#2: ‘7 Years’ – Lukas Graham

75

My review of this song is a 3,000 word monolith of me trying to figure out if I like it or not. As time has gone on though, I’ve been able to come down on a firm opinion on it: it’s crap. I can appreciate it for it’s scale and grandiosity; what I can’t appreciate is how malformed the syntax is, how messy the lyrics are, and, most fatally, how awfully self-important it is. Even worse than this is Lukas Graham himself whose sense of ego wafts off him like BO from a well-worn gym sock, particularly given that he doesn’t have the writing chops to justify it. This song needs to get over itself, much like Lukas himself.

#1: ‘Stitches’ – Shawn Mendes

77

The vapid whining of a nasal hack. Fuck it.


So that’s the shit dealt with, now onto the good stuff. Next time: the top 5 UK No. 1’s of 2016…

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Worst No. 1 Hits of 2014 – No. 2: “Shake It Off” by Taylor Swift

I decided that I was going to review every song to make it to No. 1 in the UK charts. I managed to review about four. Instead, I’ve organised the songs into a list and will review the ones I liked and disliked the most. Here’s one of the ones I particularly disliked:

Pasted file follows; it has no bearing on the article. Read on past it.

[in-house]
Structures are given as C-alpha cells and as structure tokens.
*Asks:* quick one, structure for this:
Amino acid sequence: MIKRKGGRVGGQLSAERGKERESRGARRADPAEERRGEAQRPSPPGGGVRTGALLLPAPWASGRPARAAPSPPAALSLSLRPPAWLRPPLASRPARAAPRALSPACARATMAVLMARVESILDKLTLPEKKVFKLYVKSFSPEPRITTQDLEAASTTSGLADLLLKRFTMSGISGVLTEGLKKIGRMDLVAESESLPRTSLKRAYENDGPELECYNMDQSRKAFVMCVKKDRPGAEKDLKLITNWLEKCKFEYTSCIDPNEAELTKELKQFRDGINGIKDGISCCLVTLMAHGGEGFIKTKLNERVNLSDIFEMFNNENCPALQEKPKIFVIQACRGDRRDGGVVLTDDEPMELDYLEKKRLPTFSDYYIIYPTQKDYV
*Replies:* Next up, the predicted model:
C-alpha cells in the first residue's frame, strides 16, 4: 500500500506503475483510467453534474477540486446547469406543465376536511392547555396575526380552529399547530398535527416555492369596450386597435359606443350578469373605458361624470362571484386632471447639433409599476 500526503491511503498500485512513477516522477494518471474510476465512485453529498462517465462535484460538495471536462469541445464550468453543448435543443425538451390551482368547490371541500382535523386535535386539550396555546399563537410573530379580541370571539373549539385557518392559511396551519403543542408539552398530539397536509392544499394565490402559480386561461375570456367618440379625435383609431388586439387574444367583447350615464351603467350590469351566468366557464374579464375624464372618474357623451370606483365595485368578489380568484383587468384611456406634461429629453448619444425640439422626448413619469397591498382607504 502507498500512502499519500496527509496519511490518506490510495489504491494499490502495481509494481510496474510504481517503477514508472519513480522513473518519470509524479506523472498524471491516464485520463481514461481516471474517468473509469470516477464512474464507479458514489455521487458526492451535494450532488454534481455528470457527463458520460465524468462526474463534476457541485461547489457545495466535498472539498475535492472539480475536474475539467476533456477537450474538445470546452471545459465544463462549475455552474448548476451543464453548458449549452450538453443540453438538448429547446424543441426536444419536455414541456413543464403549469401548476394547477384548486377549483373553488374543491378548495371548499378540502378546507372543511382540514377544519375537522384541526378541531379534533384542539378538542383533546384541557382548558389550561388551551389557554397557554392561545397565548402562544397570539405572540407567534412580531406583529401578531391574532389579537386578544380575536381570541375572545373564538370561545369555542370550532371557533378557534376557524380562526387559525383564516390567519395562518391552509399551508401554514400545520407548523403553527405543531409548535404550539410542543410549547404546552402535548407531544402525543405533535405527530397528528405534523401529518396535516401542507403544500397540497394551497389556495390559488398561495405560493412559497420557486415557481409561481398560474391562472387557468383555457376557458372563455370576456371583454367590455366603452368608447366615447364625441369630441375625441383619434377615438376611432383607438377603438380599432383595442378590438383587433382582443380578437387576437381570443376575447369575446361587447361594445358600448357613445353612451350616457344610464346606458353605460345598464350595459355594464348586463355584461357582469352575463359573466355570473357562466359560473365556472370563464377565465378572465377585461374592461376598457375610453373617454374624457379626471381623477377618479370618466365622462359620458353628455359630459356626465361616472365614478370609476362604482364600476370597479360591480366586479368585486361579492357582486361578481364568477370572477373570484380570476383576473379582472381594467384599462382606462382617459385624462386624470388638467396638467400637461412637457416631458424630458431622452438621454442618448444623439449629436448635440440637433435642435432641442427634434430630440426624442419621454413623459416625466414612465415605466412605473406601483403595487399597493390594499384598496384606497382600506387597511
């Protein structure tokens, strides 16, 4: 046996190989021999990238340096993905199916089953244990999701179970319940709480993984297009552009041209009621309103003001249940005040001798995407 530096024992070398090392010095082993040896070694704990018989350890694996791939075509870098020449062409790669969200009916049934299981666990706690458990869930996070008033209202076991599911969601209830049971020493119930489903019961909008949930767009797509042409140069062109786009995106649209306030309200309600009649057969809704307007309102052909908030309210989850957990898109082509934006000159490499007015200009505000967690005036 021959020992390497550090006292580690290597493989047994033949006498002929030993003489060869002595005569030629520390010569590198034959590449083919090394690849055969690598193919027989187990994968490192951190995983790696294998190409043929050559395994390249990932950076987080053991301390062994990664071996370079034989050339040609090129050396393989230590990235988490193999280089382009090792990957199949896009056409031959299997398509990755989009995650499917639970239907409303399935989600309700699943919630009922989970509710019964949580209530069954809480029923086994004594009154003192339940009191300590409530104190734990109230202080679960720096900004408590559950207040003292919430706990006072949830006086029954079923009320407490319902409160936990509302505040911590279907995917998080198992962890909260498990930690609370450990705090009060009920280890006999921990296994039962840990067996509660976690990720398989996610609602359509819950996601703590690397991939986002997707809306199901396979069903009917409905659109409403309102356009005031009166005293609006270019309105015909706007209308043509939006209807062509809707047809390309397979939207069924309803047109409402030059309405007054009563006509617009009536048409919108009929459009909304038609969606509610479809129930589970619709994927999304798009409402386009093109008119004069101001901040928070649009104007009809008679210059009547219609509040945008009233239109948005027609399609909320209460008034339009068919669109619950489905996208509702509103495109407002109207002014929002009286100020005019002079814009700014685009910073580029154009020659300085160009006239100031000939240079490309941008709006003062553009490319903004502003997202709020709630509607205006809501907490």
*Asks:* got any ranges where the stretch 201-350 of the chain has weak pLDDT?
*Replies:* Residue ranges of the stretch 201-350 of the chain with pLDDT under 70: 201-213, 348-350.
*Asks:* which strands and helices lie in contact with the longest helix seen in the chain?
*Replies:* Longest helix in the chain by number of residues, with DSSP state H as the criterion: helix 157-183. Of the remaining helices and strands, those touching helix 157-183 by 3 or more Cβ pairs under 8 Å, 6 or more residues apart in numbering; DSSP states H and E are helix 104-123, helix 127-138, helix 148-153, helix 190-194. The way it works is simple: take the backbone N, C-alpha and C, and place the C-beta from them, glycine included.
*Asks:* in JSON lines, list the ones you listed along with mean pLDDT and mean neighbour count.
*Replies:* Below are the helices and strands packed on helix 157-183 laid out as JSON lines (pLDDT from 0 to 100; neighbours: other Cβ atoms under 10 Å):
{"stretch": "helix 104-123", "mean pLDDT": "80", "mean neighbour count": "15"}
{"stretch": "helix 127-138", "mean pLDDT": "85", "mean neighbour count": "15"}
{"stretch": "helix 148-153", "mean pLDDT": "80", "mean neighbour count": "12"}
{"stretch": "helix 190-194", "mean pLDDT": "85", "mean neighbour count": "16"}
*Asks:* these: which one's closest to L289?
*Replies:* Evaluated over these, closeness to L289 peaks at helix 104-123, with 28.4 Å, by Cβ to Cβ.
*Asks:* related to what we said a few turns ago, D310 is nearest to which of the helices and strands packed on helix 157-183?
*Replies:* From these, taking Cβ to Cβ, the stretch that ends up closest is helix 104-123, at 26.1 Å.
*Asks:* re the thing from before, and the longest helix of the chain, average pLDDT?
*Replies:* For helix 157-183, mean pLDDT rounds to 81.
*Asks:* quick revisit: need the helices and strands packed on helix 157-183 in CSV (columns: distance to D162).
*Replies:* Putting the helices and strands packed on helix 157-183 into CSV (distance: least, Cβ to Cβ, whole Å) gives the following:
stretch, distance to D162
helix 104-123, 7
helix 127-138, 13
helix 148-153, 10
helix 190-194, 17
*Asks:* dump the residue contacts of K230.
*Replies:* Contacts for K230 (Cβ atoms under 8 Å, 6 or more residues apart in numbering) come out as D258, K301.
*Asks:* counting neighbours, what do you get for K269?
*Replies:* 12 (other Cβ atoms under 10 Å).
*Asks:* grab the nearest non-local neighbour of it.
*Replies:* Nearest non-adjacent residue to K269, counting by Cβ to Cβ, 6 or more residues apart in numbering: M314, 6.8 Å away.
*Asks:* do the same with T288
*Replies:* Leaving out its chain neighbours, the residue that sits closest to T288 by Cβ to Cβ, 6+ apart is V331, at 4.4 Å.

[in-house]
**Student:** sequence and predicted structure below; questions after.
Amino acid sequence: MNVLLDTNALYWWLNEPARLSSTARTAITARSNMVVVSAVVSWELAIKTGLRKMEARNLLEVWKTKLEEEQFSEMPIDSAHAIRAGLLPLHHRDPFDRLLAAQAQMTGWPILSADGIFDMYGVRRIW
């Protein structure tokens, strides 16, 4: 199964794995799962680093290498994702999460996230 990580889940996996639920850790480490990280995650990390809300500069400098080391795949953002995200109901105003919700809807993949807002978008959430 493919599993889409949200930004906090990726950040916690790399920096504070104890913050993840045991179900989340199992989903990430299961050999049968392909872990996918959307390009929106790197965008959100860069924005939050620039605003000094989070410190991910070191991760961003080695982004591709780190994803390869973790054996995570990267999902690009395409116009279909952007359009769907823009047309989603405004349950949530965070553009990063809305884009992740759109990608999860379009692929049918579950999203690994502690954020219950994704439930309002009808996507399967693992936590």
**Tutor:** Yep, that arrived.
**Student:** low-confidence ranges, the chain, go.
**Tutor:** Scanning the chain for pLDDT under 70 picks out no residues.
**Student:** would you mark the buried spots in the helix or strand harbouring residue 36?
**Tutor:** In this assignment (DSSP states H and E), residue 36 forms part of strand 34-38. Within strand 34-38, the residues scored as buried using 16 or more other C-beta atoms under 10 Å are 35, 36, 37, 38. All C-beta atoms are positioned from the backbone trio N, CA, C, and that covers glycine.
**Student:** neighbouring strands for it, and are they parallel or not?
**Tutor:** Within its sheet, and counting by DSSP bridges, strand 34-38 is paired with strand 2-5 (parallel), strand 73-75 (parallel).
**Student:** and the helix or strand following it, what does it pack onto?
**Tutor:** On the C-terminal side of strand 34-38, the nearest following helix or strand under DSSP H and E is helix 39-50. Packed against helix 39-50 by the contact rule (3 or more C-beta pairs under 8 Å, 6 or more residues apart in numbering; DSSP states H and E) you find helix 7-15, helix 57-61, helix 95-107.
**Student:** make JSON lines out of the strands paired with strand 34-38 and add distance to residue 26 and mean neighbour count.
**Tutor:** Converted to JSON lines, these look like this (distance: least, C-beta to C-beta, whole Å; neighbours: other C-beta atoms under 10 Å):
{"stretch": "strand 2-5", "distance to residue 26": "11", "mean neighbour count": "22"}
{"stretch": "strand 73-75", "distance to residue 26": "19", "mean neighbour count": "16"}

04

As a writer in the UK, I usually write about the UK chart, it being the one I have most contact with. This song didn’t reach No. 1 in the UK; indeed, no Swift song did. It did reach No. 1 in the US charts though and, for the sake of this list, I’m going to allow that. That’s how much I hate this song: I’m breaking my own rules just to include it.

Half of my problem isn’t even with the song itself. You see, I’m a massive Taylor Swift fan. So are my friends. Those friends love this song. I don’t think it works. I’ve had to justify that opinion to almost every friend I have this year, and I’ve had to do so again and again and again. I’m sick of talking about it; I’m sick of having to think about it; I’m sick of others mentioning it. Other songs on this list might be subjectively worse but this is the one song on this list that I never want to hear of again.

The song features Taylor Swift asserting her own individuality against “the haters”: she is essentially going ‘I am Taylor Swift, I don’t care what you think about me, I’m going to do my own thing, you can’t stop me”. Fair enough. The main problem though: this song sounds absolutely nothing like Taylor Swift. “This sick beat.” “Haters.” “Cruising.” “Hella good hair.” When has Taylor ever spoken like that? Yes, Taylor’s career at the moment is about her moving from country music to pop music and so a change of sound is to be expected, but everything else she’s released recently sounds like a Taylor Swift song done as through a pop filter; the instrumentation is different but the tone, sensibility and word choice remains the same. That is not true here and, as this is the one songs of hers which overtly goes “I’m never going to change myself”, it represents a massive flaw in Shake It Off which effectively renders the entire thing moot. It just doesn’t work as an artistic statement; it’s completely broken. Why do I have to point this out so often?